You may be surprised to learn that even if you are not caught in possession of an illegal narcotic, you can still end up in jail over drugs. In Wisconsin, you could be charged with a misdemeanor for having drug paraphernalia – or a felony, if the paraphernalia relates to methamphetamine. The definition of what does or does not count as drug paraphernalia can be quite a source of confusion. Paraphernalia is not limited to items specifically designed for the sole purpose of using drugs. Almost anything has the potential to become paraphernalia if it appears that you intended to use it for that purpose.
If you have been charged with a crime related to drug paraphernalia, it is important that you take it seriously and seek out an experienced attorney.
What Objects Can Be Considered Paraphernalia?
There are some items that very clearly fall under the definition of drug paraphernalia, such as bongs. However, even extraordinary mundane objects like mirrors can be declared paraphernalia if the prosecution can prove that you intended to use them to ingest a drug.
Legally, any item you intend to use for the purpose of inhaling, injecting, ingesting, or otherwise introducing a drug to your body will be considered paraphernalia. Additionally, objects used to prepare, package, manufacture, or conceal illicit drugs also fit the definition of paraphernalia.
Items that have been considered paraphernalia include:
Spoons – Spoons with burn marks often indicate that they are being used to prepare heroin for injection.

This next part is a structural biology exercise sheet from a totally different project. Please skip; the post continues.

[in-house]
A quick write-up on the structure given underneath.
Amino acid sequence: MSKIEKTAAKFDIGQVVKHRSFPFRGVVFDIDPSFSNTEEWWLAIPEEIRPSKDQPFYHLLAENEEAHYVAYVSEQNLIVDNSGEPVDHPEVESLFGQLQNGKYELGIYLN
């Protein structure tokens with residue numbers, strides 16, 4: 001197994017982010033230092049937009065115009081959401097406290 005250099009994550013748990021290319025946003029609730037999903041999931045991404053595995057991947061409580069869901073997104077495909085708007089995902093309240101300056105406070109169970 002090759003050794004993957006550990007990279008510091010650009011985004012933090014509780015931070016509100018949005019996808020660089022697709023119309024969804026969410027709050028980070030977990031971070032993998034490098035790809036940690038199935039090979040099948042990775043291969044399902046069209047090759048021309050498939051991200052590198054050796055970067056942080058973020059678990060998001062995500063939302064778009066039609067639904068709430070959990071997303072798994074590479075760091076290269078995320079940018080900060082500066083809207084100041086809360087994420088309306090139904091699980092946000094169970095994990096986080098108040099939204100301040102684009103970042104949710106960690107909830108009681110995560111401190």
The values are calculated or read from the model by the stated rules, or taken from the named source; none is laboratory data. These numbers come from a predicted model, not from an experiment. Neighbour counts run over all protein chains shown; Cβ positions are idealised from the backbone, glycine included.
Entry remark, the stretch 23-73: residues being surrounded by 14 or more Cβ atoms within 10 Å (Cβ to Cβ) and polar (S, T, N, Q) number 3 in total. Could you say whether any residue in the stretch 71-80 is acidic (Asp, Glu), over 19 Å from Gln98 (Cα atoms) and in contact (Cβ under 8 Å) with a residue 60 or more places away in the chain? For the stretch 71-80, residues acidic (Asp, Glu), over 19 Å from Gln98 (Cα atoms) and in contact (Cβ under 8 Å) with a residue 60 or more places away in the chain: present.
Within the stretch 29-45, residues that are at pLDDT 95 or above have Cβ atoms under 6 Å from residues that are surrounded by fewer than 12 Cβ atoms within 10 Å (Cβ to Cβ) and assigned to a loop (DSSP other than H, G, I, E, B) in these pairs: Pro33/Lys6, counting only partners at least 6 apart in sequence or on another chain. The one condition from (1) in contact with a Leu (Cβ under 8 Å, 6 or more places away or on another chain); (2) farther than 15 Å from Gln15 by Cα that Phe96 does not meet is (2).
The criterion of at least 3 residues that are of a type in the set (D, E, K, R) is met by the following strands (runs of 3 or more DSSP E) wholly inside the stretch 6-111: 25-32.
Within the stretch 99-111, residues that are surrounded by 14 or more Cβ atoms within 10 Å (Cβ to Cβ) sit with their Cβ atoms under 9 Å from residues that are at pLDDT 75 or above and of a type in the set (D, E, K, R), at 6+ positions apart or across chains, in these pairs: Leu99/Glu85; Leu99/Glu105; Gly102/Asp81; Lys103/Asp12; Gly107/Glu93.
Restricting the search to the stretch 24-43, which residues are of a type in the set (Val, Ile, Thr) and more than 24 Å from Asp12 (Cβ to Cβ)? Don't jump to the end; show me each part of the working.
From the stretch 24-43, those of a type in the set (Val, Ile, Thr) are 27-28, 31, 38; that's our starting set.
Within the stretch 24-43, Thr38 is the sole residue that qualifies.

Rolling papers – Although these can be legally used to prepare hand-rolled cigarettes, if there is evidence that you were instead going to use them to smoke cannabis, they may be illegal.
Apples – An apple that has been carved in such a way that it can be used to smoke marijuana can land you in jail.
Scales – Of course, these are legal if you are using them to measure flour and spices for baking. Using them to measure cocaine you are going to sell converts this innocent item into paraphernalia.
Plastic bags – Even small plastic baggies used to package drugs can be treated as paraphernalia. Often this happens when a bag is found containing drug residue.
Rolled bills – When rolled and used to insufflate (snort) illicit substances, even money notes can be treated as unlawful paraphernalia.
Quite frequently, paraphernalia charges are “add-on” charges if you were also caught with an illicit substance. However, people are sometimes charged for paraphernalia alone if the circumstances suggest that the item’s primary purpose is related to illegal substances.
Call a Wisconsin Drug Crimes Defense Attorney
If you have been charged with drug paraphernalia, alone or in addition to another narcotics offense, Gimbel, Reilly, Guerin & Brown, LLP can offer you skilled legal representation. Our Milwaukee drug crimes lawyers are experienced at handling narcotics offenses from minor misdemeanors to major felonies. Call 414-271-1440 for a consultation.